Patience is not a fashionable virtue. We live in a world in which delayed gratification can mean waiting 10 whole seconds for a film to load on a ‘slow’ internet connection.
But the patience needed to make art is of an altogether different quality. In Letters to a Young Poet, Rilke puts it clearly:
Being an artist means, not reckoning and counting, but ripening like the tree which does not force its sap and stands confident in the storms of spring without the fear that after them may come no summer. It does come. But it comes only to the patient, who are there as though eternity lay before them, so unconcernedly still and wide. I learn it daily, learn it with pain to which I am grateful: patience is everything!
The best work needs not only a huge amount of solitude and attention but also the willingness to let the work gestate.
Incubating the work
The artist Joan Miró also makes the point that art needs a period of gestation.
If a canvas remains in progress for years in my studio, that doesn’t worry me. On the contrary, when I’m rich in canvases which have a point of departure vital enough to set off a series of rhythms, a new life, new living things, I’m happy. I consider my studio as a kitchen garden. Here, there are artichokes. There, potatoes. Leaves must be cut so that the fruit can grow. At the right moment, I must prune. I work like a gardener… Things come slowly… Things follow their natural course. They grow, they ripen. I must graft. I must water… Ripening goes on in my mind. So I’m always working at a great many things at the same time.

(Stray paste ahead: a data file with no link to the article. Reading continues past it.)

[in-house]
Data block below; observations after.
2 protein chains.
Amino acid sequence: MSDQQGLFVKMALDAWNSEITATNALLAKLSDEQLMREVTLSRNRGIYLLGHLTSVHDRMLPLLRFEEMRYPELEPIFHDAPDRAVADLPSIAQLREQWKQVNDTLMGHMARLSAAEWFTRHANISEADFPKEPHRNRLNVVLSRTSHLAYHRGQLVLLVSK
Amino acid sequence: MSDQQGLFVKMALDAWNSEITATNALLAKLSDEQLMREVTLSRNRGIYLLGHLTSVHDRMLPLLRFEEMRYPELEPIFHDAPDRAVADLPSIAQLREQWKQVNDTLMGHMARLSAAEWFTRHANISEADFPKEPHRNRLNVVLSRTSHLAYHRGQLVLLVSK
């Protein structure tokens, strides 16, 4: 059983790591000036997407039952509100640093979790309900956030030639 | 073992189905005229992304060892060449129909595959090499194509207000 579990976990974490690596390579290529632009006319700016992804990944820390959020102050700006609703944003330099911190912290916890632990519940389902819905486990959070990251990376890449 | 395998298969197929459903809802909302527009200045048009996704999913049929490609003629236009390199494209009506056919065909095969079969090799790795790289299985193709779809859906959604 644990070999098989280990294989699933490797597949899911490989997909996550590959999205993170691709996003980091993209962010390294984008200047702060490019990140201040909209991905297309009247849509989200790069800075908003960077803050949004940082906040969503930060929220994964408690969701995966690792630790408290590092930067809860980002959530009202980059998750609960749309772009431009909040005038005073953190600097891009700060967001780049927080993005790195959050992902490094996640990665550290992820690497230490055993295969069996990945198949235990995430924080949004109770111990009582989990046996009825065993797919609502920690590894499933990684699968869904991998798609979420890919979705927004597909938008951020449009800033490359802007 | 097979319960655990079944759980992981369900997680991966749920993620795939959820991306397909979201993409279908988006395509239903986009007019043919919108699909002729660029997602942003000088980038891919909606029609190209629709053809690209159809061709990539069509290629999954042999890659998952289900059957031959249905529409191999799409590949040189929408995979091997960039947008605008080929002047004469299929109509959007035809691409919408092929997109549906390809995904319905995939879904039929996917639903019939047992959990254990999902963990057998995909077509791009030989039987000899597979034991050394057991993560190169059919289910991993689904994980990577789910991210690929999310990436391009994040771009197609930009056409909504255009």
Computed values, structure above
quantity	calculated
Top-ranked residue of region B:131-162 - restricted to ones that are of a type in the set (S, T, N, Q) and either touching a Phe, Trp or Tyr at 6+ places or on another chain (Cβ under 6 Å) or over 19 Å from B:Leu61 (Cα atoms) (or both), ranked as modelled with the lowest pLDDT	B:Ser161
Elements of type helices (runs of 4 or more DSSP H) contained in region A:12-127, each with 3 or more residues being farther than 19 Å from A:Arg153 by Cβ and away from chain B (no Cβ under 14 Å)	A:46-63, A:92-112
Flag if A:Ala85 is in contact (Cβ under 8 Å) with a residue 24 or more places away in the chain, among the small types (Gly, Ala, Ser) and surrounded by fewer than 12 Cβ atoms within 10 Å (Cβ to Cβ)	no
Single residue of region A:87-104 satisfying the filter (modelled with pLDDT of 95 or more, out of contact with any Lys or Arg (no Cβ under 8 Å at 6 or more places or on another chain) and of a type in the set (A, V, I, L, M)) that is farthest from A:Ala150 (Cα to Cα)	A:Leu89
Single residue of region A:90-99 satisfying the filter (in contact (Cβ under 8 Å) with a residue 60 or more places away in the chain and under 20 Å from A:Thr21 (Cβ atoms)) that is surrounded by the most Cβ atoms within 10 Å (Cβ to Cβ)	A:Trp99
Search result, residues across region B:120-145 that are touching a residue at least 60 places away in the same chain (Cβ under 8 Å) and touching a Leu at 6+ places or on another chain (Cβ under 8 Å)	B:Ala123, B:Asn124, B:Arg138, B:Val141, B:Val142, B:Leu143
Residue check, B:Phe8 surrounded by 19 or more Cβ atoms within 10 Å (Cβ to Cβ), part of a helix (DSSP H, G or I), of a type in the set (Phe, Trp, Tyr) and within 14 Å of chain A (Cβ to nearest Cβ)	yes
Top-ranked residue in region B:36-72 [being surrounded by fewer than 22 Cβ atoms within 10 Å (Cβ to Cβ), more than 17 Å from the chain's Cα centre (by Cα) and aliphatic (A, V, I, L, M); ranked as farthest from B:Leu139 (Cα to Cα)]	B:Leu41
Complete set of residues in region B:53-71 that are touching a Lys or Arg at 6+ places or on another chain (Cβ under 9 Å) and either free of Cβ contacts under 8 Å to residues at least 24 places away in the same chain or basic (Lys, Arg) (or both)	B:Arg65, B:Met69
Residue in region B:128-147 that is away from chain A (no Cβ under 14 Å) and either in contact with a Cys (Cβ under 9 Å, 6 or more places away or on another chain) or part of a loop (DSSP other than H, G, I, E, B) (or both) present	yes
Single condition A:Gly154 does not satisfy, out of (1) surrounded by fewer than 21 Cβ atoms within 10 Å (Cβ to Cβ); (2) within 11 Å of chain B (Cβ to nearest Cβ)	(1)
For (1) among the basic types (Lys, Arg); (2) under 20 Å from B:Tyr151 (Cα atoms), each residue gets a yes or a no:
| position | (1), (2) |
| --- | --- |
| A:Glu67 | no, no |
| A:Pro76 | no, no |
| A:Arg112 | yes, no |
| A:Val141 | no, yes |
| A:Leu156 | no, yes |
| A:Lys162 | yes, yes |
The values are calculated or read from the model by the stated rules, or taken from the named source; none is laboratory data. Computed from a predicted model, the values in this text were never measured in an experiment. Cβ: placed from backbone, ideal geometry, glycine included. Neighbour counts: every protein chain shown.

This is not how many of us work. We too often work more like battery-hen farmers than like gardners. Producing ‘content’ or churning out prose or poetry by the yard in the hope of Facebook ‘likes’ or Twitter ‘shares’ reduces writers to technicians rather than creatives.
Rilke’s analogy of trees and Miró’s gardening practice propose a much slower way of working. Incubation periods are long. A baby takes her own sweet time to emerge. A crocus bulb will sprout when it’s ready and not before.
And in creative work, an incubation period gives space for the unconscious to play with the work. As T.S. Eliot says in Rosamund Harding’s An Anatomy of Inspiration:
… it gives me the impression, as I have said, of having undergone a long incubation, though we do not know until the shell breaks what kind of egg we have been sitting on.
While we wait
Waiting isn’t idle as Miró’s gardening analogy illustrates. There is always work to be done. Sometimes the work is in pruning or, as Susan Sontag puts it:
Our task is not to find the maximum amount of content in a work of art… Our task is to cut back content so that we can see the thing at all.
Sometimes it is in looking away entirely. Letting ourselves get less familiar with a piece of writing so that when we eventually return to reread it we will do so with fresh insight and clarity. Kafke is famously reputed to have had a one word imperative over his desk: